They’re where we live and work, shop and socialize, raise our families, and send our children to learn and grow. It’s time for them to bring out the best of us and our communities.
Why Buildings Matter
Today, the buildings in which we live and work account for 74% of U.S. electricity consumption and a third of national greenhouse gas emissions. In many cities, though, buildings often account for even more pollution, sometimes up to 50%-75% of emissions. We know, however, that buildings can be transformed into a climate solution, instead of a liability.
We know that we can easily improve building’s financial and environmental impacts by deploying new business practices and current and new technologies that reduce waste and eliminate inefficiencies. Many buildings today could see energy use improvements of 30% or more.
There is huge potential for job growth in creating a market that demands better buildings. Today, currently less than 2% of workplaces and schools, and less than 0.2% of homes receive an energy renovation or upgrade each year. Scaling up demand for higher-performing spaces would not only address the climate crisis at hand but also drive substantial demand for a more robust workforce.
We know buildings affect everyone and provide an opportunity to stop and correct systemic inequities. Decades of racial discrimination have separated people by race, class, and income into unequally resourced communities and buildings, creating a cycle where those already penalized by these systems also now bear the increasing brunt of higher energy bills, dirtier air, increased vulnerability to power outages and climate-related disasters, and less access to future-oriented jobs. All of this can be addressed by equitably improving buildings.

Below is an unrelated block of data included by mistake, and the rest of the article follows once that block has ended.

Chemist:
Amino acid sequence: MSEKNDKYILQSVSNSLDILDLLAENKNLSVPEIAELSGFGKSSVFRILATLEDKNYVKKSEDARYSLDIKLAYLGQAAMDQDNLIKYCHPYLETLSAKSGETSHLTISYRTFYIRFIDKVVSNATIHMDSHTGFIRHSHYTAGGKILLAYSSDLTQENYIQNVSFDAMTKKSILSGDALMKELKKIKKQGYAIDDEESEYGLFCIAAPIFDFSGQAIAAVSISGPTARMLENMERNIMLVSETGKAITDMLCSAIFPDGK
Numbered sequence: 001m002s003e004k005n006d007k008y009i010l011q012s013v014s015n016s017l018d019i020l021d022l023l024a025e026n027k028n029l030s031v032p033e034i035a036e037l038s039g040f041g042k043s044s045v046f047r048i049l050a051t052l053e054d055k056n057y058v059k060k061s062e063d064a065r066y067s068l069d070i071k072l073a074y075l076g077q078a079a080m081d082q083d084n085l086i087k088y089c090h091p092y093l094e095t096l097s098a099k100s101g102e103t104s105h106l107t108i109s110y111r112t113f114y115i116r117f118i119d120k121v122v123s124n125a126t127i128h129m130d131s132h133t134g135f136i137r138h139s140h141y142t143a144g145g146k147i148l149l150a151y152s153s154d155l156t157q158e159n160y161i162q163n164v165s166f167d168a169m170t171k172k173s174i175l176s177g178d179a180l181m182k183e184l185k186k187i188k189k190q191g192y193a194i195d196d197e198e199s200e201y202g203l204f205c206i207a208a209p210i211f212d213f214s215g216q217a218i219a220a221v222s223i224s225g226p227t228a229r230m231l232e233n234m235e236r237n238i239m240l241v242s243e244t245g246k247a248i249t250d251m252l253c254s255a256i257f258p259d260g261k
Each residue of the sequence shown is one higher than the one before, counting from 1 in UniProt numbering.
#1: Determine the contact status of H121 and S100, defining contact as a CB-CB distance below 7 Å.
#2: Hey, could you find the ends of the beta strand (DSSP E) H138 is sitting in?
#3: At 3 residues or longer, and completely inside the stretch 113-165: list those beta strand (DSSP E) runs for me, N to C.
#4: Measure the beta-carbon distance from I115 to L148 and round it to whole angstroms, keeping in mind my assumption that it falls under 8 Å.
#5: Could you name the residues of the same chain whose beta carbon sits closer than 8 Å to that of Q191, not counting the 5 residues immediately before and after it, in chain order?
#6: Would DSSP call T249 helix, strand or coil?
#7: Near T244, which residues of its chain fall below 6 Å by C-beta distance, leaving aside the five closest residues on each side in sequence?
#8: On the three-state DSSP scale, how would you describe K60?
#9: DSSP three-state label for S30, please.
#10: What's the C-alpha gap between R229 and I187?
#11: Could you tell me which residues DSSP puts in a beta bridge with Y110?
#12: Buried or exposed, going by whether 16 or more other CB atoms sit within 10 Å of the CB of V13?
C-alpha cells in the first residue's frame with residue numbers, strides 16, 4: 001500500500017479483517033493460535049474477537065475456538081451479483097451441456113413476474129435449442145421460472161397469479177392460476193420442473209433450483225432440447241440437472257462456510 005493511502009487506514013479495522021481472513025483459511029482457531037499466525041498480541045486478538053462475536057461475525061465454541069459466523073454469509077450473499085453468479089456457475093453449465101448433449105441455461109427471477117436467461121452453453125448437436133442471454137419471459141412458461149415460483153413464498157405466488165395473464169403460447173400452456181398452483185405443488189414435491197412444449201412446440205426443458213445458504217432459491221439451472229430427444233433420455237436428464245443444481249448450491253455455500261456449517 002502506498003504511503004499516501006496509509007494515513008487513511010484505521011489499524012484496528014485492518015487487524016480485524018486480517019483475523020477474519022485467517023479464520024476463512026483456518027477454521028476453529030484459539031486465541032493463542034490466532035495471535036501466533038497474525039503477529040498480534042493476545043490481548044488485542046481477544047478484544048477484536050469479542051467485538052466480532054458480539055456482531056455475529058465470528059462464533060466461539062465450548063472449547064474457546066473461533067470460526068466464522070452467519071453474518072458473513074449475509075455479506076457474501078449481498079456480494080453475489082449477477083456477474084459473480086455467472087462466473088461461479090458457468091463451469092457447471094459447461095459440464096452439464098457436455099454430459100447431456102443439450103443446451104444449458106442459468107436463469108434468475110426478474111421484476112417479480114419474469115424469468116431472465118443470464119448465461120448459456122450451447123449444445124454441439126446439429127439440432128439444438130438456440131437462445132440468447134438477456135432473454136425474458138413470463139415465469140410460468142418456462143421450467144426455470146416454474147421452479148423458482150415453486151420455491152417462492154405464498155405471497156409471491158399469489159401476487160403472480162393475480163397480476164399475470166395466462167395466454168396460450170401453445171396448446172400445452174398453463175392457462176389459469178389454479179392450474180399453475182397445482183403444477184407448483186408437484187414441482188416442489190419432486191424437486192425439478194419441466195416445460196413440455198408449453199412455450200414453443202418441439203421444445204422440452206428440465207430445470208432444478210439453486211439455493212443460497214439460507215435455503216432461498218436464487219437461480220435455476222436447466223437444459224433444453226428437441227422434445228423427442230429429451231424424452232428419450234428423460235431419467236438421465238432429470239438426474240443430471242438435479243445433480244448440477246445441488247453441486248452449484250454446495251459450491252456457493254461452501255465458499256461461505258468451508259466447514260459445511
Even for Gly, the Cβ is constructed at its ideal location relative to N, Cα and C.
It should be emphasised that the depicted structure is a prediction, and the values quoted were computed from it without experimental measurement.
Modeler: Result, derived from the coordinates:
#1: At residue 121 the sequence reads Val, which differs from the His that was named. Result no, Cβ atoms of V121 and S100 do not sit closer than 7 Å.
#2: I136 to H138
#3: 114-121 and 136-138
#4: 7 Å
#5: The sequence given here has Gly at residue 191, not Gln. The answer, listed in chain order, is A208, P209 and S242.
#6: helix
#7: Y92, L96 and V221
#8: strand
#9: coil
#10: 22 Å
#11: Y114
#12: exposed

The Time for Better Buildings Is Now
We know that collectively we can do better. We are at a critical moment in time where multiple market forces are converging to create an opportunity for transformative, widespread change.
|The climate crisis is here.
The COVID-19 global pandemic opened a window to rethink the role of real estate in daily life.
Addressing social justice demands inclusive solutions.
At IMT, we know that activating government and business together with communities can build a better future, and that the time to act on buildings is now.
If we are to meaningfully reduce our national and global carbon footprint and protect people given the impacts of climate change, we need to rethink how we create, construct, maintain, and value buildings.
We need to renovate our buildings at a much faster pace and build new buildings to be healthy, resilient, low-emitting properties. That means using materials with less embodied carbon; anchoring design and development processes on whole-building performance; improving structural operations so that owner, landlords, and tenants use less energy while providing healthier space; and make all buildings an active part of the clean power transition.
We also know that high-performance buildings offer a path to environmental justice and strategies must be inclusive and responsive to community needs. Lower tenant energy bills can start to correct the disproportionate energy burden that falls on communities of color, and more diverse contracting and operations practices can create greater, more equitable economic opportunity across communities.
Improving building performance—notably energy use—is at the core of transforming today’s buildings. This is IMT’s specialty.
Where We Work
IMT is on a mission to equitably decarbonize buildings in this decade and improve the livability of our communities. We envision a world in which buildings positively transform people’s physical, social, and economic well-being. To learn more about what we think this will look like by 2030, check out our vision of transformative real estate. To see how we are actively working to make this a reality, check out our focuses below.
|Utilities & the Grid